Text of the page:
DE 1030 (Dealey class)
We are seeking information on the USS Joseph K. Taussig and her crews. Files and photos may be E-mailed to us and we will incorporate them into these pages.
Must have been the kind of day I had, looking at my bills, having to pay them, preparing for winter, wondering if I do need a new snow thrower (procrastinating) . . .decisions, decisions, decisions . . . drives you "batty" sometimes. Inasmuch as when I was in the Navy, I wasn't being paid to think, it has always been sort of a "rush" being on my own. Thank goodness I have a beautiful wife and great son, otherwise I'd probably be up the creek without a paddle. (figure of speech)
Thinking about that collision on the "pea soupy" (foggy night/early morning) date, best I can remember about it was the list the ship took, not once but twice and me hitting my head against a patch panel. I remember running out to the weather deck outside the radio room and all I could see in front of me was this huge ship. It surely was a memory I never forgot. The gash down the side of the ship was just about where the Radiomen slept. If I recall, looking at it, the gash was just a hair above the bunks, looked like someone got a can opener and just went down the side of the bow with it. (not sure how many feet)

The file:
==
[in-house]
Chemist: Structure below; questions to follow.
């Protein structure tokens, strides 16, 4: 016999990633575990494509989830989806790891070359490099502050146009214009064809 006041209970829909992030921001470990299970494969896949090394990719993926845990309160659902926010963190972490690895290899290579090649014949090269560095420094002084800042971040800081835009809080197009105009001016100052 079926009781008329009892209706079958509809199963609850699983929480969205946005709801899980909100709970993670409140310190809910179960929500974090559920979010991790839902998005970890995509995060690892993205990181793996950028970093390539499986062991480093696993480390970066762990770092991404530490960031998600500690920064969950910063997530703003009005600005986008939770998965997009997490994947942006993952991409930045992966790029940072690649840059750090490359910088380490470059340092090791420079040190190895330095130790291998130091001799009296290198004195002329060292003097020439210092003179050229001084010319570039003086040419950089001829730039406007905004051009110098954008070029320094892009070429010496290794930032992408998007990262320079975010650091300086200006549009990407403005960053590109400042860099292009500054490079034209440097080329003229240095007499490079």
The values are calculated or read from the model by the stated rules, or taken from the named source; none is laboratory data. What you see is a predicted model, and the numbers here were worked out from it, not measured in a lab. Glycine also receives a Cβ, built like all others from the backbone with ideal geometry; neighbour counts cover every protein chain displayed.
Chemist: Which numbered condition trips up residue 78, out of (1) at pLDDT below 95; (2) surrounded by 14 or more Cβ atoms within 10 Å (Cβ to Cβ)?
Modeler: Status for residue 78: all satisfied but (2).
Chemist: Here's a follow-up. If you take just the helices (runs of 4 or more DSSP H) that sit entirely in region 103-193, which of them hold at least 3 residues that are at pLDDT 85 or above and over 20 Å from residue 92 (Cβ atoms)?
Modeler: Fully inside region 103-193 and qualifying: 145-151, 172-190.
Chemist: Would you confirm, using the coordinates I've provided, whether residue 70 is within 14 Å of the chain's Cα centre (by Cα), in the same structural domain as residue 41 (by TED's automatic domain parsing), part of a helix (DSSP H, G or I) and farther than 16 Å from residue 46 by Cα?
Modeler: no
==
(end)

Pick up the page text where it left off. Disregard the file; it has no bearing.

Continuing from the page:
The memories still exist about the Skeleton Crew Detail aboard the Taussig when the ship was turned into a Training Ship for roughly a year. Tough duty when you come to think of it, a Radio Room consisting of two Radiomen when normally it has a dozen or so Radiomen . . . .long hours, port and starboard, wore on me personally.
Subject: Joseph K. Taussig (DE-1030)
Served on Taussig for about 1 1/2 years before transfer to Enterprise (CVN-65).
We experienced a near capsizing in dense fog in Newport (R.I.) harbor when struck on port side forward by a Shell Oil Company tanker that was "speeding" into port and on the wrong side of the shipping channel. Had it not been for the OD at the time giving the correct emergency back full and full rudder order we may very well have "gone over". We took water over the starboard side and down the hatch into the engine room (all hatches were open that night). Guys on watch in engine room said later that it looked like the old submarine movies where they dive before the hatch was secured!!
Just an interesting bit of ship's history. Damage was minimal and fixed in port by shipyard personnel and ship's company shipfitters (interior piping damage in forward berthing area).
AL (former Machinist Mate)
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